Burma has dropped off the radar in the last couple of years and things have improved there.   But not totally and there are still prisoners of conscience. For example, long-standing prisoner of conscience Dr Tun Aung has recently secured release.

February saw two historic victories in the age-old battle for the right to privacy and free expression. The USA and UK’s past intelligence-sharing on Communications surveillance was ruled illegal and the Security Services conceded their current regime for intercepting legally privileged communications is also unlawful. These landmark rulings, in which Amnesty were co-claimants, should mean there are more significant positive changes ahead.


A great step towards justice was made in January when three journalists imprisoned in Egypt had their sentences overturned on the basis of a flawed trial. Peter Greste was allowed to return home to Australia but Mohamed Fahmy and Baher Mohammed are awaiting a retrial in Egypt, currently set for 22 April. Egypt must now drop all charges against them and free, not retry these prisoners of conscience.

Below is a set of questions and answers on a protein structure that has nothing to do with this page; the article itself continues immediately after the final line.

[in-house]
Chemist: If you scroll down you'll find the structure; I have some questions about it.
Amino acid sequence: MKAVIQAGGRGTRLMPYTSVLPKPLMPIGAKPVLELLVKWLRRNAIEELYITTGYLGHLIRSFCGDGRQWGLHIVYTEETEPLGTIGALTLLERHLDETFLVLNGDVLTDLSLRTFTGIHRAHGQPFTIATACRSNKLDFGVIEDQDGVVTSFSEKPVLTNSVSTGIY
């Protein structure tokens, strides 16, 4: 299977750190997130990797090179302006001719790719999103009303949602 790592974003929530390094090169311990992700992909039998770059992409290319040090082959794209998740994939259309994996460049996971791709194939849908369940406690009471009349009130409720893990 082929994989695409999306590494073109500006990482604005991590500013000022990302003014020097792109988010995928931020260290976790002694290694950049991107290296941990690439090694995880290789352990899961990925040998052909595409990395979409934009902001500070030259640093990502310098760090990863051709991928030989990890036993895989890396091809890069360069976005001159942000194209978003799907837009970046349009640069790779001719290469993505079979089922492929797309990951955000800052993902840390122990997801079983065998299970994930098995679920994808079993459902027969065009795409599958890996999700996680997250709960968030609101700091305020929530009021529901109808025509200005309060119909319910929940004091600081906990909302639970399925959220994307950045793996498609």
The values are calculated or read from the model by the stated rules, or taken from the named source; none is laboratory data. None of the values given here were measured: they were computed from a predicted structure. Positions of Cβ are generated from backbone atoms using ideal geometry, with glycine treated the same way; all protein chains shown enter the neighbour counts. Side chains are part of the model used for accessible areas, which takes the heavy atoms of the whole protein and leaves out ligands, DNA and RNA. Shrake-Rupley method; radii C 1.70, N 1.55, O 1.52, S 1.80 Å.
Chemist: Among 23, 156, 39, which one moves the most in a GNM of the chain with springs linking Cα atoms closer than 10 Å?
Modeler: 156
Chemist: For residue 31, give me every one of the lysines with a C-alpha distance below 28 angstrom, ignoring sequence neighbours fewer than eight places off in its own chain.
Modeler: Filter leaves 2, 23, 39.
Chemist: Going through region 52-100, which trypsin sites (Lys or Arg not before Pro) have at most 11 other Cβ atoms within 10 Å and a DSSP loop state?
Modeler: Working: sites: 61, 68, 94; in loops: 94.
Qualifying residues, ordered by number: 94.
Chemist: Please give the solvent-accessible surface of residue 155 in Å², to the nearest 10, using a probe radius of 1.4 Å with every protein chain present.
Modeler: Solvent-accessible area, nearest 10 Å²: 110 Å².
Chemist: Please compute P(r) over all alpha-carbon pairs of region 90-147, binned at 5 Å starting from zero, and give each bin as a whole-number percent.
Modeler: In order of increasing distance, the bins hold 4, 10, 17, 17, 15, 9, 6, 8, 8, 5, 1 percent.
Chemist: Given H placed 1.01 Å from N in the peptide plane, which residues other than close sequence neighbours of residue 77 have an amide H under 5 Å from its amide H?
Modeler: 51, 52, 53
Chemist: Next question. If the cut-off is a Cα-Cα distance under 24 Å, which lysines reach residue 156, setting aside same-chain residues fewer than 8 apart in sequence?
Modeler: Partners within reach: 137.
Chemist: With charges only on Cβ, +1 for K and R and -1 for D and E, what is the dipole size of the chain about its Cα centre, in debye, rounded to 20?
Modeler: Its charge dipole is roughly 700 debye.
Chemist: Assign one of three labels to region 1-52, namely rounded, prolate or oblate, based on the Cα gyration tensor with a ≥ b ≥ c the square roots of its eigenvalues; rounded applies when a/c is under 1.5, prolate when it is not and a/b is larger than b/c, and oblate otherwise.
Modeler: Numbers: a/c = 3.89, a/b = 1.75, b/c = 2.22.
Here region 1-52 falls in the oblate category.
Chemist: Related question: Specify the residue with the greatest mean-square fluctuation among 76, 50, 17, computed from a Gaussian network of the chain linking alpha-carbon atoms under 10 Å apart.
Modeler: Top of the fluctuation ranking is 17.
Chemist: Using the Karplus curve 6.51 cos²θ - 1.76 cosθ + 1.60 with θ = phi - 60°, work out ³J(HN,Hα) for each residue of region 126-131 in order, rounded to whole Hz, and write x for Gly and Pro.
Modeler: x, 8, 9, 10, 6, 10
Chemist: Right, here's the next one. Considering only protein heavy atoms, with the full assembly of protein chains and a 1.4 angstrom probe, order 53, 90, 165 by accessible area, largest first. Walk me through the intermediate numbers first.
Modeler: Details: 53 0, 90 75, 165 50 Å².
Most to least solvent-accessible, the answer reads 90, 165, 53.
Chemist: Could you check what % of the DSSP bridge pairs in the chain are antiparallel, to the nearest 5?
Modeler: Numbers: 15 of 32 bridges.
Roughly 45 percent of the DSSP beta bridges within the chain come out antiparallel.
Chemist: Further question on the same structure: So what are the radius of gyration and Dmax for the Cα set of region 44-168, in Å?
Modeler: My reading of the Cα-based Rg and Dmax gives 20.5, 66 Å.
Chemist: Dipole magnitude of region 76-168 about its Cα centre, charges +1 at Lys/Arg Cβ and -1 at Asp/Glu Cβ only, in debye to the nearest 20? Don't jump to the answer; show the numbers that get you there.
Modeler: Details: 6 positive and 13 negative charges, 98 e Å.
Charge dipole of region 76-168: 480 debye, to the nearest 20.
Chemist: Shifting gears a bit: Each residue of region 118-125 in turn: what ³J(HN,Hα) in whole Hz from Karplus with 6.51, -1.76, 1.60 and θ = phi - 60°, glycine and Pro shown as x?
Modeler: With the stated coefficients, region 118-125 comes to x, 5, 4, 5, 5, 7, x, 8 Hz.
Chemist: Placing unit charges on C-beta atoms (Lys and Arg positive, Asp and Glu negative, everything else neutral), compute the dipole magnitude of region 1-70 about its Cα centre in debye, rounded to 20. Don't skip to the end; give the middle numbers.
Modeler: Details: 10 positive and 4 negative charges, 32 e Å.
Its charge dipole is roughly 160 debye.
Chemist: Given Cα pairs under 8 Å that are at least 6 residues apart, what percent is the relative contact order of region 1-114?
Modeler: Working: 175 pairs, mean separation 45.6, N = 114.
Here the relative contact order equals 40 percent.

Forced to sign a confession after being kidnapped and tortured by marines, Claudia Medina Tamariz has had the last of the charges against her dropped, and she is now a free woman.  Claudia thanked the 300,000 Amnesty members around the world who demanded justice.  We continue to call for an investigation into the torture she suffered, and for the perpetrators to be brought to justice.